As used herein, the term “privilege” refers to a right to access digital information and/or perform an action via a computing device. In particular, the term “privilege” includes a right to access information in relation to an account of a user of a networking system and/or perform an action via a computing device in relation to the user. The term “privilege” can include a digital item, such as an access token, provided to a computing device for utilization in accessing information. The term “privilege” can also include unlocking features or capabilities of a software application. To illustrate, the digital identification system can grant a user a privilege to invite another user to access information regarding a user (e.g., view a user's profile information), connect via a networking system (e.g., add another user as a “friend”), and/or obtain an event invitation. Additional detail regarding privileges available via the digital identification system is described below.

As shown in FIG. 2A, the digital identification system 200 can be implemented by a first client device 202, a second client device 204, and server device(s) 206. The digital identification system 200 can cause each of the first client device 202, the second client device 204, and the server device(s) 206 to perform a variety of steps (e.g., steps 208-258) as described below.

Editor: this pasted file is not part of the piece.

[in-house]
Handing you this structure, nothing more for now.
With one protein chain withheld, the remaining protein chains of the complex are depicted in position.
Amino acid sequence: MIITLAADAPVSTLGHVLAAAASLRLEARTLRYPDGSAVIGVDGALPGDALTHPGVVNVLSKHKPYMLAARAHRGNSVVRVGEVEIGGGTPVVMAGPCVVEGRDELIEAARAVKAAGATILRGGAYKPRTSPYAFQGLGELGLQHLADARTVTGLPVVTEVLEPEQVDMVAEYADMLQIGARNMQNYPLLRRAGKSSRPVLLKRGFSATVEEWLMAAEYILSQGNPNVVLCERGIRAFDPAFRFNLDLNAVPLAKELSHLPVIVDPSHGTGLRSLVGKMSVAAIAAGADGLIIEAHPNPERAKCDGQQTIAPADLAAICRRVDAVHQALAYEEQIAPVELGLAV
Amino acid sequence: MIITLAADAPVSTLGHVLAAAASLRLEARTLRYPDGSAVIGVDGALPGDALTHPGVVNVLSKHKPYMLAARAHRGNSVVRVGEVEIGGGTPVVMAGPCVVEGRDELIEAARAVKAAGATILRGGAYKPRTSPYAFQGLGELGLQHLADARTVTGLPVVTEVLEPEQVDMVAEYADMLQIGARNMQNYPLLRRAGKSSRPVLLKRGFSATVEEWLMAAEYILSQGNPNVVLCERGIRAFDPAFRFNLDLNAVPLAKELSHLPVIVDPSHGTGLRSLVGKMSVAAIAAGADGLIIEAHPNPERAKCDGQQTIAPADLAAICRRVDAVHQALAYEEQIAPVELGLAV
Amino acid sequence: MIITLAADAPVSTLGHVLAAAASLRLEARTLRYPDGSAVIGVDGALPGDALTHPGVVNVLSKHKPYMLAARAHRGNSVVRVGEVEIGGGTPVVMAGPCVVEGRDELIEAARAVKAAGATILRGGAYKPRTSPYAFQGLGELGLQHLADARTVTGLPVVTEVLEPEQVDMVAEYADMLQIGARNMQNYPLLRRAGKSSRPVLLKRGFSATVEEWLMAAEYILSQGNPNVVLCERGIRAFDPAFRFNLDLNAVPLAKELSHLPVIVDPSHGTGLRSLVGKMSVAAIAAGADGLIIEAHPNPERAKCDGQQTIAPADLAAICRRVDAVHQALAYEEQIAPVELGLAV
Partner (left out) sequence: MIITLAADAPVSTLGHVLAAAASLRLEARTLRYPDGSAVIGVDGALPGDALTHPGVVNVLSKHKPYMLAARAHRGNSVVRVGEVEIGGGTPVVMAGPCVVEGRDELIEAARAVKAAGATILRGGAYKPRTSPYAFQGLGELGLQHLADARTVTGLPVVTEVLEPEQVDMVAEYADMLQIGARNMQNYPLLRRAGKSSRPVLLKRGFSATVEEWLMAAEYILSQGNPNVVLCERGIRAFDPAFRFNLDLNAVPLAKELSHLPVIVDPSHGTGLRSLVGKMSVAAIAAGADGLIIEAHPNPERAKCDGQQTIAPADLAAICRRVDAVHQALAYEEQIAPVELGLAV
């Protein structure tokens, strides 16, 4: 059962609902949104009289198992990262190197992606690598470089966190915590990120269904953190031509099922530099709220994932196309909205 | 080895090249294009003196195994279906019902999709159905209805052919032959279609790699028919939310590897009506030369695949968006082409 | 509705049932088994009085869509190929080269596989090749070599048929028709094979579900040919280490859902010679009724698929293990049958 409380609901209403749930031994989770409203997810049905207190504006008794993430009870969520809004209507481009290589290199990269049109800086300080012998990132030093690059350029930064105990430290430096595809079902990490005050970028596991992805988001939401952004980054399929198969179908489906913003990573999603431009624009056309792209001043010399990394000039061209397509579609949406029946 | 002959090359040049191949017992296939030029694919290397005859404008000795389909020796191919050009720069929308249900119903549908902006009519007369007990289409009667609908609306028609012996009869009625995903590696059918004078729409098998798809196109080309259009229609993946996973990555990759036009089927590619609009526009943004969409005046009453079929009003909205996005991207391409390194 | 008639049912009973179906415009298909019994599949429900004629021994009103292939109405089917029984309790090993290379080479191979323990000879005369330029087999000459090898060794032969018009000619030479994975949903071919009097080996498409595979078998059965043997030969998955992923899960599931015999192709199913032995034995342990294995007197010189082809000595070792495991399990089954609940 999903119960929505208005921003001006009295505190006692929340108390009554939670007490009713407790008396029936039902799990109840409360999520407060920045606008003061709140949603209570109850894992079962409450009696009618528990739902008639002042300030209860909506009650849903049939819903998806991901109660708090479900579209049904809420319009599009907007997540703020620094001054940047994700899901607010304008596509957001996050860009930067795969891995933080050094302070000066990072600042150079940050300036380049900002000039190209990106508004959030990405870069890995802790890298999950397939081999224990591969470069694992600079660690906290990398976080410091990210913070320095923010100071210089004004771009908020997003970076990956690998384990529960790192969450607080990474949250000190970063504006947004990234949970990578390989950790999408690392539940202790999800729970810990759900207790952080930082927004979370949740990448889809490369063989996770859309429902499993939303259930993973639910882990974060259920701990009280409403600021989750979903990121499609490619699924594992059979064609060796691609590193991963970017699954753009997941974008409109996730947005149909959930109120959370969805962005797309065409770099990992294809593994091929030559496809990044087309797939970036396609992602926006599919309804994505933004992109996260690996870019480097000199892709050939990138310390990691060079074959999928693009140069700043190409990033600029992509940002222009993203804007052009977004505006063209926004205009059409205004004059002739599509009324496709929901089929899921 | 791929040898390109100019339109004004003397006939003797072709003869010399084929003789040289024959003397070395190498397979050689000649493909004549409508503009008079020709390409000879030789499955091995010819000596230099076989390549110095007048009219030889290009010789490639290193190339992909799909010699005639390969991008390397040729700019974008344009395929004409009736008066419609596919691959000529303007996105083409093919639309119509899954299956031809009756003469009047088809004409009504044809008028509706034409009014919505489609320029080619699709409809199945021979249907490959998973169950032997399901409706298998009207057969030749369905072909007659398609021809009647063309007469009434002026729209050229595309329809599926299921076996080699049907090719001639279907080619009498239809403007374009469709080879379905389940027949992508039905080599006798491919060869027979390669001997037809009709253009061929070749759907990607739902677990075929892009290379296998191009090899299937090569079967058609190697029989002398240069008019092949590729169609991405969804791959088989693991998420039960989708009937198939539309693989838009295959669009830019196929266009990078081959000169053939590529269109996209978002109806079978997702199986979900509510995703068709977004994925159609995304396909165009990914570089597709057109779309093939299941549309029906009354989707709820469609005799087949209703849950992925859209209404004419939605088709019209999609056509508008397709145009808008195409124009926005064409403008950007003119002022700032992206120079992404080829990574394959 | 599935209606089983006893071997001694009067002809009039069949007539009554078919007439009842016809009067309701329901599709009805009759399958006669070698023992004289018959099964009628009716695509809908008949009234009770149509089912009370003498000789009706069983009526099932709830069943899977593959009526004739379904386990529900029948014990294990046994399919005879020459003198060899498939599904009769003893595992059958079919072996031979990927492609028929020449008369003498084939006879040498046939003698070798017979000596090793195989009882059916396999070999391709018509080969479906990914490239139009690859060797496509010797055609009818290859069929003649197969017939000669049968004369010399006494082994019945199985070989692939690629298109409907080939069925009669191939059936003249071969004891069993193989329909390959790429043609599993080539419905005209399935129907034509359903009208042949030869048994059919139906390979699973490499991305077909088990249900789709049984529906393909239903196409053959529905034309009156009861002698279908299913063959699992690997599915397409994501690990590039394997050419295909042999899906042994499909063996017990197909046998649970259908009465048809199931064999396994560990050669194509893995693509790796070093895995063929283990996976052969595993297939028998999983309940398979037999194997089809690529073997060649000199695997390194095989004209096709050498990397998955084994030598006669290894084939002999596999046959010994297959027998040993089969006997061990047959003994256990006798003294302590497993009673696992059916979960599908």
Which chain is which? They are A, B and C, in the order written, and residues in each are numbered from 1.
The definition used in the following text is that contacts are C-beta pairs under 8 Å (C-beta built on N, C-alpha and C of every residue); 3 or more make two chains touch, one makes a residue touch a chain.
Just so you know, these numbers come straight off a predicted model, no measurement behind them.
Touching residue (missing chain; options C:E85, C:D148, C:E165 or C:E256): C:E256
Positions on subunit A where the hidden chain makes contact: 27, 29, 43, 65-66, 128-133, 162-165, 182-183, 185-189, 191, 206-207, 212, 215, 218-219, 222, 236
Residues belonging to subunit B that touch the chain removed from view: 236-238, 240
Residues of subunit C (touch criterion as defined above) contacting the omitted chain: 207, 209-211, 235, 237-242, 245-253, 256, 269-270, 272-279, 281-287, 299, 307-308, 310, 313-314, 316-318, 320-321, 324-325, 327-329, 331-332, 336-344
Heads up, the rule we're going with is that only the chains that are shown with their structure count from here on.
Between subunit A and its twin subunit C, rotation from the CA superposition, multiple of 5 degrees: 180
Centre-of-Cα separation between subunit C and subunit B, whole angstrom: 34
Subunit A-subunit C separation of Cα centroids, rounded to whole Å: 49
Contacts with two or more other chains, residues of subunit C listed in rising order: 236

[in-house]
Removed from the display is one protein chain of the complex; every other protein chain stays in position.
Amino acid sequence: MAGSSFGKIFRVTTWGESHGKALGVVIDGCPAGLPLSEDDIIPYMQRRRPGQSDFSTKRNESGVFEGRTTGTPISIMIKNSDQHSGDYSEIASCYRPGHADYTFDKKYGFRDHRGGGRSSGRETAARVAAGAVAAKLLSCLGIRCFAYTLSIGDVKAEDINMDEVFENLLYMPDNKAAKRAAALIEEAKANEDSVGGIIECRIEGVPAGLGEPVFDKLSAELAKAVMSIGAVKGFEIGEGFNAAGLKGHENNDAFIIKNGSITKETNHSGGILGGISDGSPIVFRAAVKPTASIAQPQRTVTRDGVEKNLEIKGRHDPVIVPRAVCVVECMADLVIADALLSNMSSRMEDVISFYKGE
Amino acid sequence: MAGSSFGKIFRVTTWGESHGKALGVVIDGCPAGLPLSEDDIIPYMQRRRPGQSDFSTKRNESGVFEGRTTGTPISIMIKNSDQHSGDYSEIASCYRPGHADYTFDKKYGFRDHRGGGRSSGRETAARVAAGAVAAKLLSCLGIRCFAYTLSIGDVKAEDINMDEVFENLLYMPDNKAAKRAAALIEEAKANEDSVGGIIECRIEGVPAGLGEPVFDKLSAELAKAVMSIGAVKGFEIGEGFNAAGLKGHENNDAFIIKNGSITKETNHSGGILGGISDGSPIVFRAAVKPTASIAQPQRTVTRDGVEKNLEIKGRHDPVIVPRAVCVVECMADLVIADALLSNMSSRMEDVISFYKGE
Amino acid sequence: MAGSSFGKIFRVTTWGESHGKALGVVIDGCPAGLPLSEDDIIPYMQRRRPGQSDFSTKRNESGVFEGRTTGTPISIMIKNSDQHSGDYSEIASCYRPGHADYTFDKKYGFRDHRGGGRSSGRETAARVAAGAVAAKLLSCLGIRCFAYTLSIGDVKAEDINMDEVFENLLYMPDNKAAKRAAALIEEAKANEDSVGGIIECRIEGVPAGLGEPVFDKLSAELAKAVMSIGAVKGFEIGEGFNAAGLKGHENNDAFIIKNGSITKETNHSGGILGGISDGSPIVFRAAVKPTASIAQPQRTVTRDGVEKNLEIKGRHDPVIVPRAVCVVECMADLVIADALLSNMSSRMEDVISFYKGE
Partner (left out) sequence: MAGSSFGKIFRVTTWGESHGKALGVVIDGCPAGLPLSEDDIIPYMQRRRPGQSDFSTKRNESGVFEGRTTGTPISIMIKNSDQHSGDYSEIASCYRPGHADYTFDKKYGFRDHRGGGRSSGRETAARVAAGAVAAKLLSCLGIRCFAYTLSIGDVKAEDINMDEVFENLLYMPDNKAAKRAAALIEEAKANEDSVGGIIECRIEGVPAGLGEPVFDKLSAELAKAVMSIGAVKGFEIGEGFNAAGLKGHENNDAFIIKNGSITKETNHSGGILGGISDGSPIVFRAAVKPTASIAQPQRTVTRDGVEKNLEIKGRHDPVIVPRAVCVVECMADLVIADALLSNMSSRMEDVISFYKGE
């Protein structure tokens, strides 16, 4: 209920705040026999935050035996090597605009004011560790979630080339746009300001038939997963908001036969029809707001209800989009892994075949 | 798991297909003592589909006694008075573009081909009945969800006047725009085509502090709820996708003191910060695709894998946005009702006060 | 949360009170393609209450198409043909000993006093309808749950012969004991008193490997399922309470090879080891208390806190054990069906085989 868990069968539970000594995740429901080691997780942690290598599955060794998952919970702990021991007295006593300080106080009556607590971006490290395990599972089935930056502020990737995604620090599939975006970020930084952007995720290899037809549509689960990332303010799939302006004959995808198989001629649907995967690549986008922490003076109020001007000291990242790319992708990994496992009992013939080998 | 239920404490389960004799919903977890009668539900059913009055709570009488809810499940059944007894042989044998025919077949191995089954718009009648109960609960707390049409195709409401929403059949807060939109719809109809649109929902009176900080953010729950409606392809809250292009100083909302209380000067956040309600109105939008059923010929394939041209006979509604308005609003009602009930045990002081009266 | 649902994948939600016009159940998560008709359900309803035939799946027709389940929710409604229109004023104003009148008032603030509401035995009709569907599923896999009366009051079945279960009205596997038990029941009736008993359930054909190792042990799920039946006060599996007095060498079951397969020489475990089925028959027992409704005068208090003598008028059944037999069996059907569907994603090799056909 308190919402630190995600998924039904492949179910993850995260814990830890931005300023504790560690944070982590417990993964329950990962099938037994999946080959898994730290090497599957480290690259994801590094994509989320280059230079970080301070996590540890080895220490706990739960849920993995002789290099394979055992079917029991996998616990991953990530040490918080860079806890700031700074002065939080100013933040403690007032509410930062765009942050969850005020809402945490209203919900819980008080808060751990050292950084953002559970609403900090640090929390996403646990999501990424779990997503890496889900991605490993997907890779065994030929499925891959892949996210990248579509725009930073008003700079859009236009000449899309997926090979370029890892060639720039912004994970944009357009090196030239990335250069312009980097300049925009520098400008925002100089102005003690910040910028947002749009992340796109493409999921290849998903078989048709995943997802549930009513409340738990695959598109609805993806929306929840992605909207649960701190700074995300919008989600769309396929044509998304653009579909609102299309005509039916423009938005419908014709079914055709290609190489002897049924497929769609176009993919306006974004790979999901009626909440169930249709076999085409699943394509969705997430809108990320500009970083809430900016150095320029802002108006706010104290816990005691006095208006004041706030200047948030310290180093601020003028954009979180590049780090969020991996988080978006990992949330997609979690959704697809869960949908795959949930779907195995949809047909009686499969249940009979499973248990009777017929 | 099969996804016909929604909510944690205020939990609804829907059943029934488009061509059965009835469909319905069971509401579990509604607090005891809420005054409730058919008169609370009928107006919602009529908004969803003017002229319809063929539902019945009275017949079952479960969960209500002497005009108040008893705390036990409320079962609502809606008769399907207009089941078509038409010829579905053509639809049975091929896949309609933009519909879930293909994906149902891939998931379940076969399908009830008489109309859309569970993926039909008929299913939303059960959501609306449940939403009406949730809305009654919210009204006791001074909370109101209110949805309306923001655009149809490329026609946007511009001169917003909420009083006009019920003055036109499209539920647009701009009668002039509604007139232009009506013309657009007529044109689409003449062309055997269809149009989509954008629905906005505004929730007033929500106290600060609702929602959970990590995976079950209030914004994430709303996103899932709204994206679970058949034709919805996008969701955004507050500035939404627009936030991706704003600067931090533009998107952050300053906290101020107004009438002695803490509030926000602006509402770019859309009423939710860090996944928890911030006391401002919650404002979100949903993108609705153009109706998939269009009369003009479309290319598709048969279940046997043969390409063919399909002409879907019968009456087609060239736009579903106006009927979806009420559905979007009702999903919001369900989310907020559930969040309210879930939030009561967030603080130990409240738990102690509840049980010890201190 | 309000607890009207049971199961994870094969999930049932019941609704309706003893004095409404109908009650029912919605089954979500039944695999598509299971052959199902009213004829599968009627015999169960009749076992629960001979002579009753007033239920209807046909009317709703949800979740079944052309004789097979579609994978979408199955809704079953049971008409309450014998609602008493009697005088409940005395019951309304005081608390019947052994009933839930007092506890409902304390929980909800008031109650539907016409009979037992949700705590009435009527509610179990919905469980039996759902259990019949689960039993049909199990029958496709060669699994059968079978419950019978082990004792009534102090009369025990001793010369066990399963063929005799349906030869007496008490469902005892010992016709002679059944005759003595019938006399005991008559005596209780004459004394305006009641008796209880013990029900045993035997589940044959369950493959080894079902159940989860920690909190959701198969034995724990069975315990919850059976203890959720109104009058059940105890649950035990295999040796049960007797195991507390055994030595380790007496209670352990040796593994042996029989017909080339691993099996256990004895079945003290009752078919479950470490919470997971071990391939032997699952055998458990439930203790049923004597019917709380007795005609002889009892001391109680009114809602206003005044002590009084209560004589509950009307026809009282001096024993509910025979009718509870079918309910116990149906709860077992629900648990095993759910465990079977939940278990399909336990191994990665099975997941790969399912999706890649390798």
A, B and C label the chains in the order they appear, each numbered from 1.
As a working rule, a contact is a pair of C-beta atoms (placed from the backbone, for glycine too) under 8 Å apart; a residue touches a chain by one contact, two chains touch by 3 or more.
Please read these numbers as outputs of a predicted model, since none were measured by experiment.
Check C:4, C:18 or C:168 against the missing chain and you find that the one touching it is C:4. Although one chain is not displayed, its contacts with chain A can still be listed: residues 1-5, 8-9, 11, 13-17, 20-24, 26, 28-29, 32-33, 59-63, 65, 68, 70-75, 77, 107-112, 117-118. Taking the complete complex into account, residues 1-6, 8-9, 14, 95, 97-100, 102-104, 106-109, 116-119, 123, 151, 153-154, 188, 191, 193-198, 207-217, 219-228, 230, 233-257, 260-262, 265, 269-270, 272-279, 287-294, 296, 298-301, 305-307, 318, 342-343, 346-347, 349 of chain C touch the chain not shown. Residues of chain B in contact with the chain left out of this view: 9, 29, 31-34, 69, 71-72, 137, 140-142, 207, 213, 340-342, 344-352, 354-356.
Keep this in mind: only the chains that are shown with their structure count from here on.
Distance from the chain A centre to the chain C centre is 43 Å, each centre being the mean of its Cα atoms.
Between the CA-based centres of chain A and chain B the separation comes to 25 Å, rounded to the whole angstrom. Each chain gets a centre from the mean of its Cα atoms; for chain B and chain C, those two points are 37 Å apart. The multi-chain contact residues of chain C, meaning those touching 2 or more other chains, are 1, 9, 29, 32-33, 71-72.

In one or more embodiments, the first client device 202 and/or the second client device 204 comprise computing devices operably connected to an imaging (e.g., scanning) device. For example, in one or more embodiments, the first client device 202 and the second client device 204 are operably connected to one or more scanning devices capable of scanning digital visual codes. More particularly, in one or more embodiments, the first client device 202 and the second client device 204 comprise mobile devices, such as smartphones or tablets, which include scanning devices capable of scanning digital visual codes. In addition to mobile devices, the first client device 202 and the second client device 204 can comprise a variety of other types of computing device. Additional detail regarding such computing devices is provided below (e.g., in relation to FIG. 8).

As illustrated in FIG. 2A, in addition to the first client device 202 and the second client device 204, the digital identification system 200 can also be implemented in part by the server device(s) 206. The server device(s) 206 may generate, store, receive, and/or transmit data. The server device(s) 206 can comprise a data server, a communication server, and/or a web-hosting server. Moreover, in relation to FIGS. 2A-2C, the server device(s) 206 host a networking system utilized by a first user of the first client device and a second user of the second client device.

As shown in FIG. 2A, the digital identification system 200 can utilize the server device(s) 206 to perform the step 208 of generating a digital visual code and embedding an identifier. Indeed, as described above, the server device(s) 206 can generate a digital visual code that includes an identifier of an account associated with a user. As described above, the server device(s) 206 can also embed other information in the digital visual code (e.g., an action identifier, additional information regarding a user, an event, and/or a payment transaction).

As shown in FIG. 2A, the server device(s) 206 can also perform the step 210 of providing the digital visual code to the first client device 202. Moreover, upon receiving (and/or storing) the digital visual code, the first client device can perform the step 212 of displaying the digital visual code. For instance, the first client device 202 can display the digital visual code via a display device operatively coupled to the first client device 202 (e.g., a touchscreen of a mobile phone).